Education: basic economics.

The findings reported in the article below only reinforce my view that education is the single most important factor in moving any society forward, and we are lacking. When it comes to Economics, most people don’t understand the basics – at all. In a society where young people are supposed to be better educated lack a real understanding of how the system works, we have a problem.


Article: Millennials’ Political Views Don’t Make Any Sense

That’s not a harsh assessment. It’s just a fair description.

Millennial politics is simple, really. Young people support big government, unless it costs any more money. They’re for smaller government, unless budget cuts scratch a program they’ve heard of. They’d like Washington to fix everything, just so long as it doesn’t run anything. That’s all from a new Reason Foundation poll surveying 2,000 young adults between the ages of 18 and 29. Millennials’ political views are, at best, in a stage of constant metamorphosis and, at worst, “totally incoherent,” as Dylan Matthews puts it. It’s not just the Reason Foundation. In March, Pew came out with a similar survey of Millennial attitudes that offered another smorgasbord of paradoxes:

    • Millennials hate the political parties more than everyone else, but they have the highest opinion of Congress.
    • Young people are the most likely to be single parents and the least likely to approve of single parenthood.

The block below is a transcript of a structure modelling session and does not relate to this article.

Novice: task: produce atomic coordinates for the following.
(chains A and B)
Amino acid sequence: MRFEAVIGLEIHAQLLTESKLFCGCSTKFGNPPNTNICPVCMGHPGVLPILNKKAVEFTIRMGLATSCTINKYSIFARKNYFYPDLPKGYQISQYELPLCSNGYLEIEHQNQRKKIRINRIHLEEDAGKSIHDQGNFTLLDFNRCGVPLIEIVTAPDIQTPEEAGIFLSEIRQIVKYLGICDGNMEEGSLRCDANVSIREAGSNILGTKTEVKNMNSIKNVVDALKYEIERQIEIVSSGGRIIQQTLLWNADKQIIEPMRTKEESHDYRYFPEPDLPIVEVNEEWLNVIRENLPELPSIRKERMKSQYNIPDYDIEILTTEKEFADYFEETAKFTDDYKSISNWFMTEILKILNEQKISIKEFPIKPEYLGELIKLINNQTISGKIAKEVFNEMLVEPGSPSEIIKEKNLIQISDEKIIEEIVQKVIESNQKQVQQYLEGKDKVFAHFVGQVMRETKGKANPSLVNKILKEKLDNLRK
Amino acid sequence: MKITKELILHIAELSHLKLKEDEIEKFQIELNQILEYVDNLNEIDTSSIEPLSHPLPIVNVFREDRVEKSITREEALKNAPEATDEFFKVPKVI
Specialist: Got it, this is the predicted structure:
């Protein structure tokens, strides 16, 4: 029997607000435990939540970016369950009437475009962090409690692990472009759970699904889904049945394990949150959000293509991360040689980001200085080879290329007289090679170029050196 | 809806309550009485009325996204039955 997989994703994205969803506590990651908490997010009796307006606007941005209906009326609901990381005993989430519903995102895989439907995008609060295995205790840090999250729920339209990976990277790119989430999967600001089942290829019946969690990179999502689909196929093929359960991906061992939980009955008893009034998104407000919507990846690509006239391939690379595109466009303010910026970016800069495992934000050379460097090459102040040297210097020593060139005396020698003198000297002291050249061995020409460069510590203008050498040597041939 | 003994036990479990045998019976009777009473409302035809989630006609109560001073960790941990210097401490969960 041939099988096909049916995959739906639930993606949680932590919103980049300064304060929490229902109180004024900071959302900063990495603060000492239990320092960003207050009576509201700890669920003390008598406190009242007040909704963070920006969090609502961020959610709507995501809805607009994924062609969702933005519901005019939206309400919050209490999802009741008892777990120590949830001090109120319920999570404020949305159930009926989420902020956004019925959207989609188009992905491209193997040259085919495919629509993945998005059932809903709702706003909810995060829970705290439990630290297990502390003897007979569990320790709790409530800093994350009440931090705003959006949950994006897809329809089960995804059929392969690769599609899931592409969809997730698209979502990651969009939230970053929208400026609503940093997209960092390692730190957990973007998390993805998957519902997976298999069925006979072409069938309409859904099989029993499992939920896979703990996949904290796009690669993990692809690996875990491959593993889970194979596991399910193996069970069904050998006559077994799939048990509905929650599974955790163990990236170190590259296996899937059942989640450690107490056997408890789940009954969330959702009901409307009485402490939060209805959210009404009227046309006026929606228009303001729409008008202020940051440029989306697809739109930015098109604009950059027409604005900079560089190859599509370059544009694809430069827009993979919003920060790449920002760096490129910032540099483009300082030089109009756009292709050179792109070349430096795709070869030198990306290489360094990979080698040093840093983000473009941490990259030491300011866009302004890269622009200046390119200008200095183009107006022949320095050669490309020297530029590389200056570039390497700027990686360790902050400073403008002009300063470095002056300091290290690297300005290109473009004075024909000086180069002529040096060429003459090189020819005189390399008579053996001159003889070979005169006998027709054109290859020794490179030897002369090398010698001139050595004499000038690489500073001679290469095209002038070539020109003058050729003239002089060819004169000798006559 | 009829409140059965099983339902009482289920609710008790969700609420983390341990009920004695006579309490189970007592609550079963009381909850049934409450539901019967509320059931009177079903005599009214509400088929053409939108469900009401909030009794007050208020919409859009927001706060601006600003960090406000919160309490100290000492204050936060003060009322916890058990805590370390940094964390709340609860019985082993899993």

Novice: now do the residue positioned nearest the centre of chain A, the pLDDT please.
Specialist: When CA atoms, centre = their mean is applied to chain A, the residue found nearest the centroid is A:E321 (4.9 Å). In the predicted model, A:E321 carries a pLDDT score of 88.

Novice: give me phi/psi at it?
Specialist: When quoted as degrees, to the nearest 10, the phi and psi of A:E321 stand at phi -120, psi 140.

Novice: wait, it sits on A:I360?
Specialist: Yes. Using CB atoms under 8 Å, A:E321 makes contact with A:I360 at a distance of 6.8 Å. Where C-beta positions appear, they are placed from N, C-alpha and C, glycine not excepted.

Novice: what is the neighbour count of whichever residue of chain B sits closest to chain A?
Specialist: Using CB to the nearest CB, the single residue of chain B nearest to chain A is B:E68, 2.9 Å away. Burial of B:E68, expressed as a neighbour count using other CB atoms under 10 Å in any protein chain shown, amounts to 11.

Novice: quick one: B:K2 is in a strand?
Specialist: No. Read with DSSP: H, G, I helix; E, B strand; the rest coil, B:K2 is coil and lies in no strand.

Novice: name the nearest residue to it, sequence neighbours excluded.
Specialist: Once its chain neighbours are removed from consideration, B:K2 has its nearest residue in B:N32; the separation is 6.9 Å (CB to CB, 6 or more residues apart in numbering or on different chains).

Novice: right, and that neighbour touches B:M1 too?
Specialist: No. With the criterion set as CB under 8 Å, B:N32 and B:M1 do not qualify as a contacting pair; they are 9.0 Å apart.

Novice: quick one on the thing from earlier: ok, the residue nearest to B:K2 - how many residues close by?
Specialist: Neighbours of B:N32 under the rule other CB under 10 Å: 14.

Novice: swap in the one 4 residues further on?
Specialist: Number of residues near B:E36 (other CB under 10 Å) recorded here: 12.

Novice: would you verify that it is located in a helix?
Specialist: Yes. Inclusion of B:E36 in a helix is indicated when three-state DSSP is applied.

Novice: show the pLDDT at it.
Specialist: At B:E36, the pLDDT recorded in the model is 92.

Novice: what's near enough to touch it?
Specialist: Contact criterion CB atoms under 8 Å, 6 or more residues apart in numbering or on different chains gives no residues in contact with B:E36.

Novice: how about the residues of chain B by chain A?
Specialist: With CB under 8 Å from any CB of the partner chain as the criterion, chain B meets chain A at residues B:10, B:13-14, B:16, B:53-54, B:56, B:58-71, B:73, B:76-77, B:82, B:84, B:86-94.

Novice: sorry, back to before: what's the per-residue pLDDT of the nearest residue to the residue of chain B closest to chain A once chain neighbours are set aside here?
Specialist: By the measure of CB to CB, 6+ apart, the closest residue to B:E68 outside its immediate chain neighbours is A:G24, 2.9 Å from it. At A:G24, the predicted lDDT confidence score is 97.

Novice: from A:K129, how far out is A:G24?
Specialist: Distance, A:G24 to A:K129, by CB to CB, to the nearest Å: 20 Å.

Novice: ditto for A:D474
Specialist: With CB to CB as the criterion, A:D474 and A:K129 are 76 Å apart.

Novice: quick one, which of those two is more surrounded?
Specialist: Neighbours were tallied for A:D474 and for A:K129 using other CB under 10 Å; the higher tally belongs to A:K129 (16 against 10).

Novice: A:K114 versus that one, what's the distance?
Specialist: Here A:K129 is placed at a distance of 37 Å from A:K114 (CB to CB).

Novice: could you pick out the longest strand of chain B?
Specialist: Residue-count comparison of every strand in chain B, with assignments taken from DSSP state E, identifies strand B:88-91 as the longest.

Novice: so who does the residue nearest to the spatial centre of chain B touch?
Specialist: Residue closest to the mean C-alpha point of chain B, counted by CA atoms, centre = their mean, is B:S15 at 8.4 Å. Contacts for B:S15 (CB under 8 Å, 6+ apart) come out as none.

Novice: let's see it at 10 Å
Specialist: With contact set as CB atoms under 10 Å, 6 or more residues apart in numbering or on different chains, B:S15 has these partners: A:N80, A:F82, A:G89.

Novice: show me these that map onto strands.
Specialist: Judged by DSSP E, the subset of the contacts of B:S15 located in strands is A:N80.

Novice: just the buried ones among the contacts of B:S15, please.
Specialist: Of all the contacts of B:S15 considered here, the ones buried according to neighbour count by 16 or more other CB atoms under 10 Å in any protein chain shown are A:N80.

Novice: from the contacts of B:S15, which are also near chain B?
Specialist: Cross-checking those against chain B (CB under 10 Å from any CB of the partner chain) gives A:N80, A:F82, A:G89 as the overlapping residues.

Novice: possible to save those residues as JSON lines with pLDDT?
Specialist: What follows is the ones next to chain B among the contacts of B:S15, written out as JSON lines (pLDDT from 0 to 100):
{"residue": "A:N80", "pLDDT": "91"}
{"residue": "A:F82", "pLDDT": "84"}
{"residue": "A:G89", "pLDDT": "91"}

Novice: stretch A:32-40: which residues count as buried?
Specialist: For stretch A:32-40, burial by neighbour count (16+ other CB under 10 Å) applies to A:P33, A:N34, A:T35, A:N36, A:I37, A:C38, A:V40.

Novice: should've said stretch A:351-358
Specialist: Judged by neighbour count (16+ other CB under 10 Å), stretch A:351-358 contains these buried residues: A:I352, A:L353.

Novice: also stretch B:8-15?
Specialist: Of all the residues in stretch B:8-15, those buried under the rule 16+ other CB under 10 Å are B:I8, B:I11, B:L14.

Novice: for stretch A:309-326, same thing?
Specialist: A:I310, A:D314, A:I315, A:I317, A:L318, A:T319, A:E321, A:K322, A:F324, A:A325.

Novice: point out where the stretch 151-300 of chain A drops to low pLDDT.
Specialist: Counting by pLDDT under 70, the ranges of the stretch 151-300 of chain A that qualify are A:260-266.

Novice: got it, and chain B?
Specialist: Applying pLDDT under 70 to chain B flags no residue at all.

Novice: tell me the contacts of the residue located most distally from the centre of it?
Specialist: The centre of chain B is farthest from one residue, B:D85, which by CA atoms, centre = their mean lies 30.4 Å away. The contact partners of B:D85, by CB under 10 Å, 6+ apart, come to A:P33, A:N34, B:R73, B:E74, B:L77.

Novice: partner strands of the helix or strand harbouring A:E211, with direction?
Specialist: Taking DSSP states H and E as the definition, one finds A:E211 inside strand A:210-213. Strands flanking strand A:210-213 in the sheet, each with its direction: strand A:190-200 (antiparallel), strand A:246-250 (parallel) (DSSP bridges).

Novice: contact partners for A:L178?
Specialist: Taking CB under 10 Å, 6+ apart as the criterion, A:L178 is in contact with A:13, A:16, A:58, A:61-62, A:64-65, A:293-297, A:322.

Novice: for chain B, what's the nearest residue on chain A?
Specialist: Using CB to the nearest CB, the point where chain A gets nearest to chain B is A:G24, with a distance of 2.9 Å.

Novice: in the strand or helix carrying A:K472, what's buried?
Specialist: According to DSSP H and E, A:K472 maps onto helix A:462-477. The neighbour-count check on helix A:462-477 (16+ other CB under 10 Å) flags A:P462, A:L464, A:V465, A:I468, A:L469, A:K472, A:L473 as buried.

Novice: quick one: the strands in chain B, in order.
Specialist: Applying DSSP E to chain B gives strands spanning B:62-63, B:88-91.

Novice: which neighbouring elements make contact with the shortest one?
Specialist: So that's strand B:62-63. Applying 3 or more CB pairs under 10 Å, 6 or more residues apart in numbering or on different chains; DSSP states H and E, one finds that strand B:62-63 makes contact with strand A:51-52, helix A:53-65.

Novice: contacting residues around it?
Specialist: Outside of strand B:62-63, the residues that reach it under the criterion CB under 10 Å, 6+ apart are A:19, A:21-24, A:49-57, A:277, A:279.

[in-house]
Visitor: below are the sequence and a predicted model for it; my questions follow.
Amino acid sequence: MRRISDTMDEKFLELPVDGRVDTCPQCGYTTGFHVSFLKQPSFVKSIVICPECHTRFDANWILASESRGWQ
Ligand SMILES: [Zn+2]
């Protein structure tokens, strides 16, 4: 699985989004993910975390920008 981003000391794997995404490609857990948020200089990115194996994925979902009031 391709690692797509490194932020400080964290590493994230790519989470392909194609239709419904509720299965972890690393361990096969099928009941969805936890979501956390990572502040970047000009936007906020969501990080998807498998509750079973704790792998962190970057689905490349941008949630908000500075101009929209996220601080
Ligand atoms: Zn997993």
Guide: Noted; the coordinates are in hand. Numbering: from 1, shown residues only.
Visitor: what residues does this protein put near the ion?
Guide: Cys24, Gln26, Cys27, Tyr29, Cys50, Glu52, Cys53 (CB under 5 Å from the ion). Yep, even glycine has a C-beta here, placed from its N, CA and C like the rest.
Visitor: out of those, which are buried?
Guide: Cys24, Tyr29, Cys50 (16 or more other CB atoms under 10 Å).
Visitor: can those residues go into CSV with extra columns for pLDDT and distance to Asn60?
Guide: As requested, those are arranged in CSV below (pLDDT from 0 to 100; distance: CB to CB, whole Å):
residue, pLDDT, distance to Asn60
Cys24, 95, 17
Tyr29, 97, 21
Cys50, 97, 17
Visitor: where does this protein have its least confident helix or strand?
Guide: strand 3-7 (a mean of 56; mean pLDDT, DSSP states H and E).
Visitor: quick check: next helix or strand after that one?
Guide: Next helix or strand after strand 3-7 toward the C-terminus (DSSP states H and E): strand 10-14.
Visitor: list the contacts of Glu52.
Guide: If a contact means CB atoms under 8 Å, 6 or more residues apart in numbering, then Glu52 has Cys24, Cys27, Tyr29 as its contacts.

• Young people voted overwhelmingly for Obama when he promised universal health care, but they oppose his universal health care law as much as the rest of the country … even though they still pledge high support for universal health care. (Like other groups, but more so: They seem allergic to the term Obamacare.)

1. Millennials are more liberal than the rest of the country, particularly on social issues, but they get more economically conservative when they make more money.

Richer Millennials on Redistribution: No, Thanks

Reason Foundation

2. Millennials don’t know what they’re talking about when it comes to economics.

Young people lean way left on issues like gay marriage, pot, and immigration. On abortion and gun control, they swim closer to the rest of the electorate. But on economics, they’re all over the map. You get the sense, reading the Reason Foundation and Pew studies, that a savvy pollster could trick a young person into supporting basically any economic policy in the world with the right combination of triggers. Conservative and liberal partisans can cherry-pick this survey to paint Millennials as whatever ideology they want. To wit:

  • On spending: Conservatives can say: 65 percent of Millennials would like to cut spending. Liberals can say: 62 percent would like to spend more on infrastructure and jobs.
  • On taxes: Conservatives can say: 58 percent of Millennials want to cut taxes overall. Liberals can say: 66 percent want to raise taxes on the wealthy.
  • On government’s role in our lives: Conservatives can say: 66 percent of Millennials say that “when something is funded by the government, it is usually inefficient and wasteful.” Liberals can say: More than two-thirds think the government should guarantee food, shelter, and a living wage.